An abstract is a summary of the article, and will give you an idea of what the article is about and how it will be written. If there are lots of complicated subject-specific words in the abstract, the article will be just as hard to read.
This is where the author will repeat all of their ideas and their findings. Some authors even use this section to compare their study to others. By reading this, you will notice a few things you missed, and will get another overview of the content.
This is usually where the author will lay out their plan for the article and describe the steps they will take to talk about their topic. By reading this, you will know what parts of the article will be most relevant to your topic!
These are called topic sentences, and will usually introduce the idea for the paragraph that follows. By reading this, you can make sure that the paragraph has information relevant to your topic before you read the entire thing.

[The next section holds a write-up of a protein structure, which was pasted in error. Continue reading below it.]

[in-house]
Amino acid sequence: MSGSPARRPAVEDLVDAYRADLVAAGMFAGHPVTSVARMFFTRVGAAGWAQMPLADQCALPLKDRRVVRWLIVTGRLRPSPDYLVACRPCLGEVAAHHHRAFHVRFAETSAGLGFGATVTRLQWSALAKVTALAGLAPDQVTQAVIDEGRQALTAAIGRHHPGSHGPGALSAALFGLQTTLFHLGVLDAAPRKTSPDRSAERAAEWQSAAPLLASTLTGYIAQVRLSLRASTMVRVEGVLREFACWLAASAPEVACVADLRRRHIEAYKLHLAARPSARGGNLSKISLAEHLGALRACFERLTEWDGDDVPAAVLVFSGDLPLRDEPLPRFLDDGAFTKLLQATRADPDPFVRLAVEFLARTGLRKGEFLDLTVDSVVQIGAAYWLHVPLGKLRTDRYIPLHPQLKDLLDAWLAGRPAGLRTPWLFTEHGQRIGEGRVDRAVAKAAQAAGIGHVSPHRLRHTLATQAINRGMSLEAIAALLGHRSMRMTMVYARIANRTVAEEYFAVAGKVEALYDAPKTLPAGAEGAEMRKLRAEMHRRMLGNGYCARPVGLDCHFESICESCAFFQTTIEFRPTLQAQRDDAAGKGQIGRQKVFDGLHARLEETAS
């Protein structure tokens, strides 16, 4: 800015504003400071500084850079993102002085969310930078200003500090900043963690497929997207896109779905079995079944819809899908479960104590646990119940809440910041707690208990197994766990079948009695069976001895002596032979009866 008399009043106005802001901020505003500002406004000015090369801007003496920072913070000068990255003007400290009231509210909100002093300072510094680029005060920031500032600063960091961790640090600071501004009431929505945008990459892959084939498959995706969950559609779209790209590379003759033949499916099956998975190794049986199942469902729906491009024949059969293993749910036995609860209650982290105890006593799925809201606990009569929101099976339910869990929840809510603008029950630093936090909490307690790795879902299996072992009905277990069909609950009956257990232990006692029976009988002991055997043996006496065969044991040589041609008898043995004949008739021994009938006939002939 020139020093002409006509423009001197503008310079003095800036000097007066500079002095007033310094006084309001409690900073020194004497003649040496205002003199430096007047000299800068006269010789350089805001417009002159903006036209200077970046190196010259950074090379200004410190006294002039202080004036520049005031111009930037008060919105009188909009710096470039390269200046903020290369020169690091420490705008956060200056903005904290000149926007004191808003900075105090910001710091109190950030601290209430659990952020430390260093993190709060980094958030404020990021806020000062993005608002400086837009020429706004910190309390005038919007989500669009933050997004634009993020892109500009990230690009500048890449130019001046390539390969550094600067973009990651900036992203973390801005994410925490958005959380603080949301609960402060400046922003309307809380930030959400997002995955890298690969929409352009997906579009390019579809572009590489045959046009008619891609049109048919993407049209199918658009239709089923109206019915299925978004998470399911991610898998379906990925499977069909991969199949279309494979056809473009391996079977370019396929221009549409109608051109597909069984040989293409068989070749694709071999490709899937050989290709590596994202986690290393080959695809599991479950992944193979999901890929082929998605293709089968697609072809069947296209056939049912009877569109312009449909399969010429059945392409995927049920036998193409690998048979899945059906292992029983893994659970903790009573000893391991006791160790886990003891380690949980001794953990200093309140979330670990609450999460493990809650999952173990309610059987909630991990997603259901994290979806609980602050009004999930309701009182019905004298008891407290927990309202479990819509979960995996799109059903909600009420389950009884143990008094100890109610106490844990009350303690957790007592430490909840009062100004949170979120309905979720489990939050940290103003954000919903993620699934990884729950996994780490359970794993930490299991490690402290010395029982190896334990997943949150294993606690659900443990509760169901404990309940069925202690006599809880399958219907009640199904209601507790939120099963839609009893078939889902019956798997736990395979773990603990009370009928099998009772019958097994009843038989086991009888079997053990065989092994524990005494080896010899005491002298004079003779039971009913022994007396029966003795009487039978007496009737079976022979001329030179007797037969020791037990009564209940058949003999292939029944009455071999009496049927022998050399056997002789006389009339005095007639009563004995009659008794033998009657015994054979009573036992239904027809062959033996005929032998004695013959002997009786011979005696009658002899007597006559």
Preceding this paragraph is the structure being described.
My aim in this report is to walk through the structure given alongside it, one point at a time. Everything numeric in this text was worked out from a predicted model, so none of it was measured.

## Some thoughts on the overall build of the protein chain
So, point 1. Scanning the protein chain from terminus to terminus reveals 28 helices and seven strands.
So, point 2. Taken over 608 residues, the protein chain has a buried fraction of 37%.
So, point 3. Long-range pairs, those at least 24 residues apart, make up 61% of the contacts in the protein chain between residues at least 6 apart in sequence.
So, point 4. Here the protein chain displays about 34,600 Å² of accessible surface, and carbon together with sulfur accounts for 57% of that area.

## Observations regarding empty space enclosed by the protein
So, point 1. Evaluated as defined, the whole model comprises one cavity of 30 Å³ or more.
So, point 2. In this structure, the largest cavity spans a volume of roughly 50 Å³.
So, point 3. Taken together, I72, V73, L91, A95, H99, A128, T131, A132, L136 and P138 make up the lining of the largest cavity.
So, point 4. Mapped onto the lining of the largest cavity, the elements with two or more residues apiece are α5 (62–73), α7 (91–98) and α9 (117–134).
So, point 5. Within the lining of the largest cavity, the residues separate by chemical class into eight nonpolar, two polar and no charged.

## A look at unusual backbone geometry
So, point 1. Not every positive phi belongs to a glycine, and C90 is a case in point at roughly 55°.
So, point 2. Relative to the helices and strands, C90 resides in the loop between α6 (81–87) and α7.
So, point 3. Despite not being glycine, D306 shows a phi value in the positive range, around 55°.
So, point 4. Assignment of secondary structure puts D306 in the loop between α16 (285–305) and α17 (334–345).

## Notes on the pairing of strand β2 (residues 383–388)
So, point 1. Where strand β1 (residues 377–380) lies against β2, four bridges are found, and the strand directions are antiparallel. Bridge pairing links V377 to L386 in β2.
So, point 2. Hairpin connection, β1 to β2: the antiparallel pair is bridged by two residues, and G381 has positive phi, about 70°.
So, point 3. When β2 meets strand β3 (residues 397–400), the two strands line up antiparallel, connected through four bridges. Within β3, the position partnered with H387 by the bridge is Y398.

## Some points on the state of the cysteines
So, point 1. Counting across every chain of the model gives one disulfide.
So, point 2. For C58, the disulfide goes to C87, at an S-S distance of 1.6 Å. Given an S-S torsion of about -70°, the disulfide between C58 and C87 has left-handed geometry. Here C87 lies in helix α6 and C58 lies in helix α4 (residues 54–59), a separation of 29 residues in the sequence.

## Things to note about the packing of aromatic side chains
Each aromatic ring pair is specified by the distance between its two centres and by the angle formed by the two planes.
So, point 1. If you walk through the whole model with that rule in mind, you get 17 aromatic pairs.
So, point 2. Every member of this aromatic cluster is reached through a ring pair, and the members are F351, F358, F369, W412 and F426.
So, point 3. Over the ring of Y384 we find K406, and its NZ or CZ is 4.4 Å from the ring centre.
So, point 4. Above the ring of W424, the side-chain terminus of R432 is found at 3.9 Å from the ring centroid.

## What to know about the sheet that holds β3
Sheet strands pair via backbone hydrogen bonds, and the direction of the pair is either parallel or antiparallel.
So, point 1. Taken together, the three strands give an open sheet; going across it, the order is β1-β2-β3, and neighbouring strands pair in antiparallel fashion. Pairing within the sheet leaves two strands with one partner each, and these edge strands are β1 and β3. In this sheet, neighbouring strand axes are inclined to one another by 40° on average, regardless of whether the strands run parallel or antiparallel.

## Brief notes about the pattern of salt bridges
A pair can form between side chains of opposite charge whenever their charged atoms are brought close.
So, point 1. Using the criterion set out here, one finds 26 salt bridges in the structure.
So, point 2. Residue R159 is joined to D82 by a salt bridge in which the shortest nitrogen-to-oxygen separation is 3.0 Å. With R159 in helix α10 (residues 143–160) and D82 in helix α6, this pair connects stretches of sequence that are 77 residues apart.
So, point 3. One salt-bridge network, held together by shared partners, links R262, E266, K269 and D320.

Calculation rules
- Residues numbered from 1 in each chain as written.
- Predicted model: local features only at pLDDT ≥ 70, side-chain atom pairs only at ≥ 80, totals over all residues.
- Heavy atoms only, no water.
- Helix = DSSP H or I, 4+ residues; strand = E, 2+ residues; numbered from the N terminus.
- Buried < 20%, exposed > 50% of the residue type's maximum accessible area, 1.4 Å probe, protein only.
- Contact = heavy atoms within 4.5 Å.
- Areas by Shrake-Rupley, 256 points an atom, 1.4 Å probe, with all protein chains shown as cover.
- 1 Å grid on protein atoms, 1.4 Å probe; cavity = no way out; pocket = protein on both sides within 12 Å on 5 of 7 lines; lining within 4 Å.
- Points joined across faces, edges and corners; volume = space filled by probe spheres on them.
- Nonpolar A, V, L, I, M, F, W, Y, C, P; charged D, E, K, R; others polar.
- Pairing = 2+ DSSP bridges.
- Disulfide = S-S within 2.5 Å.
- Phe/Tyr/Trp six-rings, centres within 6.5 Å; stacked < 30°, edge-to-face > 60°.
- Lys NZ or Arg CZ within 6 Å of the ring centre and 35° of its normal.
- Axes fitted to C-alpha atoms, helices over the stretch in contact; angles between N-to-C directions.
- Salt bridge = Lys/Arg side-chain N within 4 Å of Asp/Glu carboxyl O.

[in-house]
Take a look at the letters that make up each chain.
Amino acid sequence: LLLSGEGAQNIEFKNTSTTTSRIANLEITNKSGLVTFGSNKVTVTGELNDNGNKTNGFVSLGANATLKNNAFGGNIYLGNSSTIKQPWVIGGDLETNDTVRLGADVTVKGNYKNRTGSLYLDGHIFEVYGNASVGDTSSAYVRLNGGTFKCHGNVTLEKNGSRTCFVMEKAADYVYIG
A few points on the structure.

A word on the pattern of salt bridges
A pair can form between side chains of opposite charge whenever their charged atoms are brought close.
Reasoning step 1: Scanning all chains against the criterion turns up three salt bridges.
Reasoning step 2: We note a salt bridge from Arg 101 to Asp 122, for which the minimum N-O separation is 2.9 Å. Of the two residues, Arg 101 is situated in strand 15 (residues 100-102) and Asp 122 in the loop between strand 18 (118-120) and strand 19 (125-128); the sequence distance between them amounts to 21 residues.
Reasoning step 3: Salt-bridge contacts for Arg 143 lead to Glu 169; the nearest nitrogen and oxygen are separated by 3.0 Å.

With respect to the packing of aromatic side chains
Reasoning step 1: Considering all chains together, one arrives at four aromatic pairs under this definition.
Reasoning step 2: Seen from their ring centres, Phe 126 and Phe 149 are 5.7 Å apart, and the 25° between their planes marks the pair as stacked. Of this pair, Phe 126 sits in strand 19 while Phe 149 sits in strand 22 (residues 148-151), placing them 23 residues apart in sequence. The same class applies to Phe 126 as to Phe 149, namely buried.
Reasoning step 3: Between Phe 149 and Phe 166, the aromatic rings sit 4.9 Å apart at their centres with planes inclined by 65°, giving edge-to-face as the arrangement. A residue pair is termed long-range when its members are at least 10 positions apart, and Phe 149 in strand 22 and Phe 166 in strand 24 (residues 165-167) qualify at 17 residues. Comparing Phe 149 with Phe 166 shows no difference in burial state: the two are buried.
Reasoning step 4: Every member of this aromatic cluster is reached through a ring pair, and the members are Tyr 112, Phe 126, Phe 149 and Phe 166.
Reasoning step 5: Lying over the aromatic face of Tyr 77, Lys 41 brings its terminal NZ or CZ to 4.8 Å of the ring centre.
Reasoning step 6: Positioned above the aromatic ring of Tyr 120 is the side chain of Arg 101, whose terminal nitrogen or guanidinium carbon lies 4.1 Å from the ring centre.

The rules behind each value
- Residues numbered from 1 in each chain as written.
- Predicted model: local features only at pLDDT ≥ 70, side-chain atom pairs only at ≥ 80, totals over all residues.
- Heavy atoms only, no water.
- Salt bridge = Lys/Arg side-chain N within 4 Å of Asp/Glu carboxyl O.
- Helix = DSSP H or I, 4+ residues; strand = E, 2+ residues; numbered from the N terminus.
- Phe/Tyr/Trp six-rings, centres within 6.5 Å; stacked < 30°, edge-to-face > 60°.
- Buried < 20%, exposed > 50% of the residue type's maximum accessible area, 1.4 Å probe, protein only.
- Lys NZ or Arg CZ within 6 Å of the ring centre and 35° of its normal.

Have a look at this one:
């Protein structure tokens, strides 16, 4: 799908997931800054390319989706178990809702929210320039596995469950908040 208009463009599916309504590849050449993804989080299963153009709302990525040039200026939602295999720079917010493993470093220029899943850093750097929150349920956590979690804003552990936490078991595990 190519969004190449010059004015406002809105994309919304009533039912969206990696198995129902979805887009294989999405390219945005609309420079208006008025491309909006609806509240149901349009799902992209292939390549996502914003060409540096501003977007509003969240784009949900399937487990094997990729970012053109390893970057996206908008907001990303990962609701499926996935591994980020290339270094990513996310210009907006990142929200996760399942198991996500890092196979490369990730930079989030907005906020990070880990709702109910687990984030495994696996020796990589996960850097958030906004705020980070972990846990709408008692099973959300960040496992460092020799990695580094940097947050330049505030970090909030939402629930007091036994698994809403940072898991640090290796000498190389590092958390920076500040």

Now that you have gathered the idea of the article through the abstract, conclusion, introduction, and topic sentences, you can read the rest of the article!
There are several citation formats, APA, MLA, and Chicago are the most common. For most of your Rhetoric classes you will be using MLA style. The infograph below will provide you with information for creating citations in MLA format. For information on citing in APA or Chicago style, see the Cite Your Sources link below.
There are three ways you can integrate sources into your paper.
For more information and to see examples of how to integrate sources, see the Integrate Sources Into Your Paper link below.
Plagiarism is using the words or ideas of another as if they were your own. It can be an intentional or unintentional act, but either way there can be severe consequences. The information below will help you understand and avoid plagiarism.
The following are all examples of plagiarism:
More specific guidelines and information to help you recognize and avoid plagiarism are available on the following pages: